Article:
Protection of Security-Related Information
CRS Rept. for Congress
LIBRARY OF CONGRESS WASHINGTON DC CONGRESSIONAL RESEARCH SERVICE
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The terrorist attacks of September 11 prompted a reevaluation of how to balance public access to information with the need for safety and security. The accumulation of confidential business information from owners and operators of the nations critical infrastructures, 85 of which is reportedly owned by the private sector, continues to be an important component of homeland security efforts. Critical infrastructure sectors have been defined to include information technology telecommunications chemicals transportation systems including mass transit, aviation, man time, groundsurface, and rail and pipeline systems emergency services postal and shipping agriculture and food public health and health care drinking water and water treatment systems energy, including oil and gas and electric power banking and finance the defense industrial base and national monuments and icons. The Freedom of Information Act of 1974 FOIA along with other statutes and regulations provide legal authorities for the protection of various types of security-related information. Nevertheless, some owners and operators are hesitant to voluntarily share security-related information with the government because of the possible disclosure of this information to the public. To prohibit public disclosure of security-related infoinformation under the Freedom of Information Act and other laws, ConCongress has drafted and passed legislation designed to remove legal obstacles to infoinformation sharing. The Aviation and Transportation Security Act of 2001 ATSA the Critical Infrastructure information Act of 2002 in section 214 of the Homeland Security Act the Maritime Transportation Security Act of 2002 MTSA and the Safe Drinking Water Act SDWA, as amended by the Public Health Security and Bioterrorism Preparedness and Response Act of 2002, each exempt certain types of security-related information from disclosure under the Freedom of Information Act.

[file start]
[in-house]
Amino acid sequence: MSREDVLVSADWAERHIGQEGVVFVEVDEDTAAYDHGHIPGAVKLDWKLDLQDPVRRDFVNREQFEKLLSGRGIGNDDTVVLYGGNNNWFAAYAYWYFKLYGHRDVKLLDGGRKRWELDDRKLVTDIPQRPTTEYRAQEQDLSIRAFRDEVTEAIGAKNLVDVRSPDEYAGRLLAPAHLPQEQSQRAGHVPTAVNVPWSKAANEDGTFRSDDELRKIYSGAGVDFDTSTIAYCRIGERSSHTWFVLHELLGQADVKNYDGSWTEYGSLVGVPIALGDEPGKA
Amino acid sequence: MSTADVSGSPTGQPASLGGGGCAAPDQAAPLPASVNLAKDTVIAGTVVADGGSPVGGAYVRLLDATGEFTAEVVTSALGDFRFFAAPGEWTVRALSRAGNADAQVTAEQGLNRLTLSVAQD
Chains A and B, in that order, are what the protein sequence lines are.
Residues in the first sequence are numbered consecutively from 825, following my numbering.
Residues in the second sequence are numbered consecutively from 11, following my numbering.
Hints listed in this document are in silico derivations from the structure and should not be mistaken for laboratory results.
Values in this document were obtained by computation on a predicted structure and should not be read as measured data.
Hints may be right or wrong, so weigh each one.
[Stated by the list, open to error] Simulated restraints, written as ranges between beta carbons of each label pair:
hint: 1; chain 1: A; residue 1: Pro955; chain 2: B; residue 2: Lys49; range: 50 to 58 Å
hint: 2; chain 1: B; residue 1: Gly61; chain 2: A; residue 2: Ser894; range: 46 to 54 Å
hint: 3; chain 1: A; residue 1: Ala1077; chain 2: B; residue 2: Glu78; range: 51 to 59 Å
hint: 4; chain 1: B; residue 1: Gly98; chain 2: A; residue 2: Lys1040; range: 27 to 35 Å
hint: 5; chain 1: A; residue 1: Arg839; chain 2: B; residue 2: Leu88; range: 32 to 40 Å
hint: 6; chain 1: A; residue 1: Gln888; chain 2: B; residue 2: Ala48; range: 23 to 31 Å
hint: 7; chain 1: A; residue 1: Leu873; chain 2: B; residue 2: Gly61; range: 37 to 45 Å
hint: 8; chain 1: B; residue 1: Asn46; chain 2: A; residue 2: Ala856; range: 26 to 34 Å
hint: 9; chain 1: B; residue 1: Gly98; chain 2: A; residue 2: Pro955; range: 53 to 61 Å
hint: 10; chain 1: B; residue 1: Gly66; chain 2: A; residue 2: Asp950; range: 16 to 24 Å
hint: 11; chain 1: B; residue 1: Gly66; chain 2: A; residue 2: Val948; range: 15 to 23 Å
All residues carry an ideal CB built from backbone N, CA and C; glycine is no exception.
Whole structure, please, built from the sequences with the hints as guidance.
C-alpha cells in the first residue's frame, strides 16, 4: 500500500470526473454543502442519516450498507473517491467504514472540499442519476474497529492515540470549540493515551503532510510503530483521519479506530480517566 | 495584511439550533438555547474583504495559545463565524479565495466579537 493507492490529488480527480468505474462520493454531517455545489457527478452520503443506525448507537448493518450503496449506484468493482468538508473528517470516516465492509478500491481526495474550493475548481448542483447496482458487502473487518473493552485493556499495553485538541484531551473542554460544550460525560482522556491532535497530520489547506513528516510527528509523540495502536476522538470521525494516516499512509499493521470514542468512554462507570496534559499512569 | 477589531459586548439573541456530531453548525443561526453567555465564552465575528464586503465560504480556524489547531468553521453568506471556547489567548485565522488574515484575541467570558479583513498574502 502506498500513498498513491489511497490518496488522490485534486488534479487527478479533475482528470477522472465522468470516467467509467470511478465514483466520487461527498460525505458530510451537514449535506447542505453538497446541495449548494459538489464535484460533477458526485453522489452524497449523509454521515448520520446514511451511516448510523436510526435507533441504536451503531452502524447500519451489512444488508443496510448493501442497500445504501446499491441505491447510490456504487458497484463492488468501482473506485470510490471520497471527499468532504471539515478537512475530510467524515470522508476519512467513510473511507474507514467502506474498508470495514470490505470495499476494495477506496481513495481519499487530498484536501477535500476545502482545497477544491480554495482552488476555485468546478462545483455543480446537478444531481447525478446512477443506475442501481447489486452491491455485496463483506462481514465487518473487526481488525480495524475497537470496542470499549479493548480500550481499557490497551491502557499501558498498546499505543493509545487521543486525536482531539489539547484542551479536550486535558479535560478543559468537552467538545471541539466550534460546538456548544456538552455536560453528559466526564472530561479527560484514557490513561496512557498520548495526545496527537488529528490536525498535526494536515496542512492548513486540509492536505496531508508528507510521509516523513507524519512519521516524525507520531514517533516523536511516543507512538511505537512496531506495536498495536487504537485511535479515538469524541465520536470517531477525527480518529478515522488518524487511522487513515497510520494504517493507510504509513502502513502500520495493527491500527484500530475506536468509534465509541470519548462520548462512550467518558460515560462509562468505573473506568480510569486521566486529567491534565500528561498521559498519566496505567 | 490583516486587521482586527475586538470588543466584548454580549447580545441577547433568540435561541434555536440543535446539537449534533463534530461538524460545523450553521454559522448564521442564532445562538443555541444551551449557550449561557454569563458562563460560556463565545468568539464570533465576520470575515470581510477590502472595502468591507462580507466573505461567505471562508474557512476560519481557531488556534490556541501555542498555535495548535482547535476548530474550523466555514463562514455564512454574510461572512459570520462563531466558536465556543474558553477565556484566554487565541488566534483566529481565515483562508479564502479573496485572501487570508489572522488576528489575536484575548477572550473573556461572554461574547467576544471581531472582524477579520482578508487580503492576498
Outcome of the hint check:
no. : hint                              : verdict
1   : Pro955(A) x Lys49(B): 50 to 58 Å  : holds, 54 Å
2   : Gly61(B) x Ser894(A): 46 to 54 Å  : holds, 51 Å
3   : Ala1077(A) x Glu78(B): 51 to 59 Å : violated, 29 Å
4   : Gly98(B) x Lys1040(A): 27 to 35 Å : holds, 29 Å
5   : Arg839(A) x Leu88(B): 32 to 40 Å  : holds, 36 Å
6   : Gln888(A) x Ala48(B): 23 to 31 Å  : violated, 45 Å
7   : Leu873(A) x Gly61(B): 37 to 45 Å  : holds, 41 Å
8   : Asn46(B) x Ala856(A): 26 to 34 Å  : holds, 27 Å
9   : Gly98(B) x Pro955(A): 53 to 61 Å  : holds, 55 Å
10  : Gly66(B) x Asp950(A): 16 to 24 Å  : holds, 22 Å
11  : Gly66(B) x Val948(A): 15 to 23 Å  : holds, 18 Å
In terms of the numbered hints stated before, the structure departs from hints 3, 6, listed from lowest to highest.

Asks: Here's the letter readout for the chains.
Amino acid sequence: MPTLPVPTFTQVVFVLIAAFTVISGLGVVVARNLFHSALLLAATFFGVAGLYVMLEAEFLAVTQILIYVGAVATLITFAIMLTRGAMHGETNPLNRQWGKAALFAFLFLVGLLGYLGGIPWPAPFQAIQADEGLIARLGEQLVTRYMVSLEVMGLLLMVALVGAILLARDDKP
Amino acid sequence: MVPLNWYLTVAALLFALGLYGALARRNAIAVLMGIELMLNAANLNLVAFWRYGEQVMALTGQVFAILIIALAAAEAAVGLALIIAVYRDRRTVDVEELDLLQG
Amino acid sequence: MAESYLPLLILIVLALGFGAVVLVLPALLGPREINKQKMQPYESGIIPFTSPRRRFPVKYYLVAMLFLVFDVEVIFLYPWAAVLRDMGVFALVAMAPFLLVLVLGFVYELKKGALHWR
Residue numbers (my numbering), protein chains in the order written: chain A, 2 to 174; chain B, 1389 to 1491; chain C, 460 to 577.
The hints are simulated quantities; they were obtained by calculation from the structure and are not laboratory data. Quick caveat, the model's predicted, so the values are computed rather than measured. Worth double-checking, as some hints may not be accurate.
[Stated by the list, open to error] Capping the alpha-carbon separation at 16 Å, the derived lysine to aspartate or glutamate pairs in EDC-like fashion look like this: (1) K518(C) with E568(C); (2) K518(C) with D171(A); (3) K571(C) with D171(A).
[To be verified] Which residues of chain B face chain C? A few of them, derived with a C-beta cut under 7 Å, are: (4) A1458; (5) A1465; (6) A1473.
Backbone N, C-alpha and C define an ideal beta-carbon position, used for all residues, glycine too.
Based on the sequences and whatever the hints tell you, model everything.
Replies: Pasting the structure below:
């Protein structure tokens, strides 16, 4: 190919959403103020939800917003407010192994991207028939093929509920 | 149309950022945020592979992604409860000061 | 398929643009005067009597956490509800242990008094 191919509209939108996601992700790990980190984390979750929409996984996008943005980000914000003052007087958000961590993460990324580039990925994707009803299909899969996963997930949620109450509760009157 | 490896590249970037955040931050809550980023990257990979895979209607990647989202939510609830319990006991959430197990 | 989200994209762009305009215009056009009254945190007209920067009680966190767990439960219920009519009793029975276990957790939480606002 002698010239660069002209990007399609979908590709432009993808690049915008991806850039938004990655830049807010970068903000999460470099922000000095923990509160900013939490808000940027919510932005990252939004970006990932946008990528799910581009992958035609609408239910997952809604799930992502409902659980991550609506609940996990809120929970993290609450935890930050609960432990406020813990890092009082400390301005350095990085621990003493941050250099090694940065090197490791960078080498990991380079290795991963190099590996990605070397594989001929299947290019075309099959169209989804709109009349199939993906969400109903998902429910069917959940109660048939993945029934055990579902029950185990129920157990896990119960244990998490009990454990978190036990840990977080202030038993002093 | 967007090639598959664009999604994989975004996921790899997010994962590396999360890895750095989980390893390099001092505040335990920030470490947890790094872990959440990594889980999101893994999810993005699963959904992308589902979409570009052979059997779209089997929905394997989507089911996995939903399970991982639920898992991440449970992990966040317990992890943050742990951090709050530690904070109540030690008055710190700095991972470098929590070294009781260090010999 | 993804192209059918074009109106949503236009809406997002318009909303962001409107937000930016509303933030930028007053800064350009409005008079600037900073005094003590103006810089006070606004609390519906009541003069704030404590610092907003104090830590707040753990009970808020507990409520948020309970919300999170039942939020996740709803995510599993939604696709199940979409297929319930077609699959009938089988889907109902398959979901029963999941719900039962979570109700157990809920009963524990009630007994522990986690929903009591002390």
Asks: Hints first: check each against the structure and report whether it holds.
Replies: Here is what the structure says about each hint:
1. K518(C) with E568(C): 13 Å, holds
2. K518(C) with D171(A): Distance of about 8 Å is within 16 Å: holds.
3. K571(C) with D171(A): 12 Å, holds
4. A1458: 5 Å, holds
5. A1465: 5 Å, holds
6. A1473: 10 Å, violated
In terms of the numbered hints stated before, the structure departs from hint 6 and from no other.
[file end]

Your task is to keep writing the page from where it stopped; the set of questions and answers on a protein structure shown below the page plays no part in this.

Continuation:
- Information Science
- Sociology and Law
- Civil Defense